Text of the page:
Grimsby Review

Nobby (Cohen) — a slobbish father of nine — who was separated from his brother Sebastian (Strong) during childhood discovers that Sebastian is now a spy. Following a series of Nobby-fuelled disasters, the two must work together to save the world.

by Helen O'Hara |
Published on
Release Date:

26 Feb 2016

Original Title:


Bad taste can be hilarious, shaking a laugh from even the most reserved, and opening minds to new worlds. But there are also tastes so bad they just make you retch. That’s Grimsby, a feature-length version of gross-out joke The Aristocrats that puts all its emphasis on shock and none on genuine provocation.

This is the most horrible thing to happen to elephants since White Hunter Black Heart.

As yob Nobby, Sacha Baron Cohen presents a stereotype of the working class to gladden a Tory heart. He drinks heavily, loves drugs, reproduces wildly and afflicts his offspring with appalling names. Portrayed with compassion, similar set-ups powered Rab C. Nesbitt and The Royle Family. But this film has no affection for its world, and pays only lip service to its virtues. Like Mark Strong’s stoic, Bond-alike secret agent, we’re expected to be horrified by all these apparently unemployed people and their disgraceful ways.

The plot makes no sense, although admittedly that’s standard in comedy. An assassination attempt against Penélope Cruz's philanthropist star — who has somehow come to prominence despite a wig that the cast of The Big Short would reject as unflattering — kicks off an international man-hunt. But even more shocking — we’re supposed to believe this happens in a world where England beats Brazil to reach a World Cup final. A terminal assault on our ability to suspend disbelief.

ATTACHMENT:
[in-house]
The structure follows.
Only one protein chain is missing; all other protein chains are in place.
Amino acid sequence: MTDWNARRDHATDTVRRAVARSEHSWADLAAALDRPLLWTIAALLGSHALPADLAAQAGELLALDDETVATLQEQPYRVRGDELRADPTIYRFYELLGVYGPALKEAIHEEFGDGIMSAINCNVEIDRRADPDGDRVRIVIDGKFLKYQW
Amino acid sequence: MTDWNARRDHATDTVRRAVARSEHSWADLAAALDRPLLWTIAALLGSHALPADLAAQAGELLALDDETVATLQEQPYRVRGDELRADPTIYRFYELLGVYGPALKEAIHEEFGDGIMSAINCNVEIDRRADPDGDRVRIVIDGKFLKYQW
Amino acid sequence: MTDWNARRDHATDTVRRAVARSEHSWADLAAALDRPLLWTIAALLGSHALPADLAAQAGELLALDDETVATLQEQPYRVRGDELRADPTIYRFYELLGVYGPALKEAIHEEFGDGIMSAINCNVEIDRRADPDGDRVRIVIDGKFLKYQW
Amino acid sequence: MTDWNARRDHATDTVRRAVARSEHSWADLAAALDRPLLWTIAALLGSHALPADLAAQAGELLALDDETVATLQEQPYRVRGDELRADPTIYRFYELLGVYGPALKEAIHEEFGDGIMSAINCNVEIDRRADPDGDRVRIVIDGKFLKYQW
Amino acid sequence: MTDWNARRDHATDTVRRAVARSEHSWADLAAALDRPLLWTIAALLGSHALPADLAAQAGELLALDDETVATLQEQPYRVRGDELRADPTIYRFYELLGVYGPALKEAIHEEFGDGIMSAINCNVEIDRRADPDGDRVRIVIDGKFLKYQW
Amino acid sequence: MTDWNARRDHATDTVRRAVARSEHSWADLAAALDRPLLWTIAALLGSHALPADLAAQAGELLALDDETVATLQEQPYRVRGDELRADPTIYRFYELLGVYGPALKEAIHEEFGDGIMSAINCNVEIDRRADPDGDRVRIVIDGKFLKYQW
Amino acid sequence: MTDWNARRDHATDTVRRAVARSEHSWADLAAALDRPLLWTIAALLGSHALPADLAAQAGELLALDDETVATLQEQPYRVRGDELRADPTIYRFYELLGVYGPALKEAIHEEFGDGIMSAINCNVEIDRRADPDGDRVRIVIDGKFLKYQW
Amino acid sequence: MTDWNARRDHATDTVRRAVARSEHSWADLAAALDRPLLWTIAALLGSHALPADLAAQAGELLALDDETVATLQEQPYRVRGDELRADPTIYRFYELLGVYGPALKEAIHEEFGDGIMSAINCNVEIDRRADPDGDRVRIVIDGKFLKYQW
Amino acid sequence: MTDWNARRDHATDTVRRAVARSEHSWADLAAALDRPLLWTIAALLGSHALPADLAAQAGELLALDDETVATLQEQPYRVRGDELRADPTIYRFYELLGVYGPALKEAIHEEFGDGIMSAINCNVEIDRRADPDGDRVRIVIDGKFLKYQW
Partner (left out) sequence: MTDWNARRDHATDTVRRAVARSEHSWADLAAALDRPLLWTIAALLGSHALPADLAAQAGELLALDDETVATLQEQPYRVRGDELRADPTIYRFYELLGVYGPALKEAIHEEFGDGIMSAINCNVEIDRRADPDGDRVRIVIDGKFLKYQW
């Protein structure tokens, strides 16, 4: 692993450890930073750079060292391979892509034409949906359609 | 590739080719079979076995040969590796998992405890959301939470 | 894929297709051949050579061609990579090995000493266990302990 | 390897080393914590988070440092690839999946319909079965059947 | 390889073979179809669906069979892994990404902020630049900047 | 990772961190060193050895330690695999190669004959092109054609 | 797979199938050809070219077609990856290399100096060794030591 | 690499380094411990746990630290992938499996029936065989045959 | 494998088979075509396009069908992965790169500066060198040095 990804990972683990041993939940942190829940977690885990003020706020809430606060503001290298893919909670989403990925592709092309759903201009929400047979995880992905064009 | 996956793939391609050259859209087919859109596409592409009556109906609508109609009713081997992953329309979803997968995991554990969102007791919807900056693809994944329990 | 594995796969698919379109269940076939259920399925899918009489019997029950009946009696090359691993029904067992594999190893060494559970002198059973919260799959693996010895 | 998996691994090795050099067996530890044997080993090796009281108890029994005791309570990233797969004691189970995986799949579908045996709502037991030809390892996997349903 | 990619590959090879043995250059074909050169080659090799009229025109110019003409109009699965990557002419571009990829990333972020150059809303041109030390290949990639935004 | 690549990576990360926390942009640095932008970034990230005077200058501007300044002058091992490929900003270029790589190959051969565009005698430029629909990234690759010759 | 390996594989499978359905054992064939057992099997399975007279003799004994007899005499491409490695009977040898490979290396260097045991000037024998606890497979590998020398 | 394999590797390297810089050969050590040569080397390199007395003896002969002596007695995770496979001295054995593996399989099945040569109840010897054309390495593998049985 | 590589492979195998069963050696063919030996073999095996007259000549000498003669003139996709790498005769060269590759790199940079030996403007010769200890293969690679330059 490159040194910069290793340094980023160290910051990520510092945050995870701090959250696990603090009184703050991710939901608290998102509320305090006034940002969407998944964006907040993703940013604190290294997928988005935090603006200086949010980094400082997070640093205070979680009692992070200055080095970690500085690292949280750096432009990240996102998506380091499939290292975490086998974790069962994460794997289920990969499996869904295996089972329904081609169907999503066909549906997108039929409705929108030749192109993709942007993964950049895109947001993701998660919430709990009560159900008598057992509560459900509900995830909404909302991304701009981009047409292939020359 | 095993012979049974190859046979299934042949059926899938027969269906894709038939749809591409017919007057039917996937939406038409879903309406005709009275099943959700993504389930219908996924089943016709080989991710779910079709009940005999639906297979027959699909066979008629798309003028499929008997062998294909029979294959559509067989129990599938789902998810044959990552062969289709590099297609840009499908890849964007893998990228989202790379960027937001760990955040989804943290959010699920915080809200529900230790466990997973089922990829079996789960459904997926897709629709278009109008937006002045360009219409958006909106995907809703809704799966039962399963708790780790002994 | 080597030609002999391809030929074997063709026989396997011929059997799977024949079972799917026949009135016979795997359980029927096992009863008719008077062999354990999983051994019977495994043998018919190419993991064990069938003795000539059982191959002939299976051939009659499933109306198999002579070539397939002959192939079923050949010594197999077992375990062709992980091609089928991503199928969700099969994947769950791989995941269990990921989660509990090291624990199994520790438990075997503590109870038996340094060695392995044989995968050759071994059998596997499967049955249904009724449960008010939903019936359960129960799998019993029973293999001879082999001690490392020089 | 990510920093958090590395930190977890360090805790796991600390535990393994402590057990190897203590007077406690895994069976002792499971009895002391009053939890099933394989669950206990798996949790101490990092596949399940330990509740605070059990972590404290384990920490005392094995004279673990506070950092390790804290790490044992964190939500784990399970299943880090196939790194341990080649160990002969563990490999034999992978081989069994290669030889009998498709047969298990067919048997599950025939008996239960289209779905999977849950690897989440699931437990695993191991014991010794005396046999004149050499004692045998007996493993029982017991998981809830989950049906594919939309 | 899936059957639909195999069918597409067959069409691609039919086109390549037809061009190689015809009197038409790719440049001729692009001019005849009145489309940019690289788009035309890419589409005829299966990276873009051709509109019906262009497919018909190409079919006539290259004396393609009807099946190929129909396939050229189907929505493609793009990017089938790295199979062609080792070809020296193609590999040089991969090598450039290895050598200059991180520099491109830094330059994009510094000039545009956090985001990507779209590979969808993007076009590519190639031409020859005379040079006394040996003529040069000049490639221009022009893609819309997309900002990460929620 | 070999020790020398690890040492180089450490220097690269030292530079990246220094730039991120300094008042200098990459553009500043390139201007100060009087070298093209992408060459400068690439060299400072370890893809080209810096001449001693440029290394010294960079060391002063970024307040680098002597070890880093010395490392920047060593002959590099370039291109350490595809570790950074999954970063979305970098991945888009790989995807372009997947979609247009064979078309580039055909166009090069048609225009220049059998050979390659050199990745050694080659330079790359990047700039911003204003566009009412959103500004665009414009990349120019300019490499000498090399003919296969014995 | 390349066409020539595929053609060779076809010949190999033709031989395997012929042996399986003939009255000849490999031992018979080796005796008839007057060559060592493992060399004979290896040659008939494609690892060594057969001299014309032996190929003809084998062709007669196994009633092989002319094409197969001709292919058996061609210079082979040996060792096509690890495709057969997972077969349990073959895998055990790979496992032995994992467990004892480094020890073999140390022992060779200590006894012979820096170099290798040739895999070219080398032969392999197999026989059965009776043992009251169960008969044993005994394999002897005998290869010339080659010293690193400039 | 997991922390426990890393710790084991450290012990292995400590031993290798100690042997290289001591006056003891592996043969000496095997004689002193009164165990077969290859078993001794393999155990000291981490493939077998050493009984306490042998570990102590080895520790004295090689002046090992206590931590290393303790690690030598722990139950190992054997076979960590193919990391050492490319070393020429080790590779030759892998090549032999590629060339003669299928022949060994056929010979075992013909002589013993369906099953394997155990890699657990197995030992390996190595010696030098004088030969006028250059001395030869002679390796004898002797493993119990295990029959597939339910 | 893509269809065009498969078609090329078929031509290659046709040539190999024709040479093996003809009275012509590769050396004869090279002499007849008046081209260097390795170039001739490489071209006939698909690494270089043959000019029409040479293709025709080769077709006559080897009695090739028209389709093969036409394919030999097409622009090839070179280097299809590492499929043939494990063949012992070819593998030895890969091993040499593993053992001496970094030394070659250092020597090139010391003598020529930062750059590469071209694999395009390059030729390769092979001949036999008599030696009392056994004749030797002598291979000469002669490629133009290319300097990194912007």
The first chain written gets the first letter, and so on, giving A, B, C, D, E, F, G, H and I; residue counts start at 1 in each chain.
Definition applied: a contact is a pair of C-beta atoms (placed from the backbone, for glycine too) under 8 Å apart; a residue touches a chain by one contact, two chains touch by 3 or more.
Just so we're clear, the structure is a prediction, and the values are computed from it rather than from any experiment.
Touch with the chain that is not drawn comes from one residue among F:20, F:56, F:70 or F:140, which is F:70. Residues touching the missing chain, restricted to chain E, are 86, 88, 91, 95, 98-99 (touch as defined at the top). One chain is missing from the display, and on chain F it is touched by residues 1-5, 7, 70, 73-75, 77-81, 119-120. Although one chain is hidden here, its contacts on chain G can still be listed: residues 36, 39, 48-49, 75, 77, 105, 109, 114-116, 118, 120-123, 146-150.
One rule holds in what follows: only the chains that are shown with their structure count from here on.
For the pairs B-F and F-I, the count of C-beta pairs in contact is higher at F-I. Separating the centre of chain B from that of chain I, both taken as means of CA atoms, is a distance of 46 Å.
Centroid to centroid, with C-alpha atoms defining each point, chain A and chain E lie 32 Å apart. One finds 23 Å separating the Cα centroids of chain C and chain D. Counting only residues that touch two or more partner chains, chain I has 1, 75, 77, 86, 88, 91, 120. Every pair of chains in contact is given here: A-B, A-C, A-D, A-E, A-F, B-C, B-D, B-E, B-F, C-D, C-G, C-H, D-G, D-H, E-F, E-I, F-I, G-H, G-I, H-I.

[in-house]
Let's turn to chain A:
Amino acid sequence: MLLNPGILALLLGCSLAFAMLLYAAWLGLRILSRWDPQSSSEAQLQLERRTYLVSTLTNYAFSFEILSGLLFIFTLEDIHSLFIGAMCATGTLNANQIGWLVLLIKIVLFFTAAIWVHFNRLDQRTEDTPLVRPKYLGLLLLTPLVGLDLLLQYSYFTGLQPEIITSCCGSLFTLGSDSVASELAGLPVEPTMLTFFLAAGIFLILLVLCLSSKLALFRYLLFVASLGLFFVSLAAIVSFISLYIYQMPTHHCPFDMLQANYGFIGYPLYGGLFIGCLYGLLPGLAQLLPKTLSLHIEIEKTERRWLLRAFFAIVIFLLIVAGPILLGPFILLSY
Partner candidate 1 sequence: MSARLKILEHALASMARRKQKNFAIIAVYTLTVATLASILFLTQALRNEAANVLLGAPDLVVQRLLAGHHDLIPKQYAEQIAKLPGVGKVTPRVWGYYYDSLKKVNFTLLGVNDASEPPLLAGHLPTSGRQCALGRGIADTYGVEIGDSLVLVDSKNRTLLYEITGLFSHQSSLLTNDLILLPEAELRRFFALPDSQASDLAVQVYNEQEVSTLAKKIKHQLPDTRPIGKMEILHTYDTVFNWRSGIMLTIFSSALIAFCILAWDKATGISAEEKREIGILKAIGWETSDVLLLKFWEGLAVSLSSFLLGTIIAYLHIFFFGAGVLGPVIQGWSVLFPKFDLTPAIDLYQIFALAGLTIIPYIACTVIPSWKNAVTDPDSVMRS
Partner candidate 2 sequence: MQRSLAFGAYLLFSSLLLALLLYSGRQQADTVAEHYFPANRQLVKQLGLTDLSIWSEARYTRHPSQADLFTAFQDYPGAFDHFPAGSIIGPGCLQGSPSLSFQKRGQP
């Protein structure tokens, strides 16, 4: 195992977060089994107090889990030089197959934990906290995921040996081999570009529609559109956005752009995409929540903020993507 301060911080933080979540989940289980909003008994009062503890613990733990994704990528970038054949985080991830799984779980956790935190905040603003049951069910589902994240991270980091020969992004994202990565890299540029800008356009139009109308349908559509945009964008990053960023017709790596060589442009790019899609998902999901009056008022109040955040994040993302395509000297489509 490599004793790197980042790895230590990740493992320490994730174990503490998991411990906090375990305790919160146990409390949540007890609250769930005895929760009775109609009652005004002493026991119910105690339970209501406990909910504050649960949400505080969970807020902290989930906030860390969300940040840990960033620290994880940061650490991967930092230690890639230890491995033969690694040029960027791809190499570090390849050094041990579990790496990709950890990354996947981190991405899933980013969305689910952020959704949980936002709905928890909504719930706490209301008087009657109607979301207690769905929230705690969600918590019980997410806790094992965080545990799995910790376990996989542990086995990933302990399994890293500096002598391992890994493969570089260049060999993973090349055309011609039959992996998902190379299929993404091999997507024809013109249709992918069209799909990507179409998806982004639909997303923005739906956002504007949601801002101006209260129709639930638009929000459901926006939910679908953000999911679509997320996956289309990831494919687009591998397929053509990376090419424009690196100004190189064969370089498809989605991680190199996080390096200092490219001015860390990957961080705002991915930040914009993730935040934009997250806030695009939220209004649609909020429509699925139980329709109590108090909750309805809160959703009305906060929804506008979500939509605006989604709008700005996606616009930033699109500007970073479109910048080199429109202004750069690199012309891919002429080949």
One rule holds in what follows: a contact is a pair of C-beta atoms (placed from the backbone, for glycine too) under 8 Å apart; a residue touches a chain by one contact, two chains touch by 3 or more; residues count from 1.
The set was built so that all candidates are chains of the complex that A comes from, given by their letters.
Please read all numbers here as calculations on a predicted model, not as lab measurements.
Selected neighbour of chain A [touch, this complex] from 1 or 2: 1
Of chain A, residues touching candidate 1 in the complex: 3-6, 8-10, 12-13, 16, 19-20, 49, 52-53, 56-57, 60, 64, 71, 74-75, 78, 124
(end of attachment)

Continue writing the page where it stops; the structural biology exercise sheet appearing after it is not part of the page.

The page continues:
The outrageous, often stomach-turning jokes might work if they weren't so misanthropic. Nobby prefers large women to model types, which is apparently hysterical. There are endless scenes of gay panic (or at least, one scene that felt endless) and the dignified Strong is subject to all manner of humiliation and attack. With the exception of Cruz, the women are sexually voracious, mindlessly supportive, or both. The film is xenophobic and racist, revives AIDS as a joke, and is the most horrible thing to happen to elephants since White Hunter Black Heart.

Late on, Nobby musters a speech about the importance of those dismissed as “scum”. But they are the butt of the film’s very next joke, fatally undercutting any attempt at working-class solidarity. Despite all the bodily fluids, this is a deeply conservative film that champions family values, patriotism and mindless violence. It’s hard to imagine anything less daring.

It may occasionally shock a laugh from you, but between those moments your face will be a rictus of horror.
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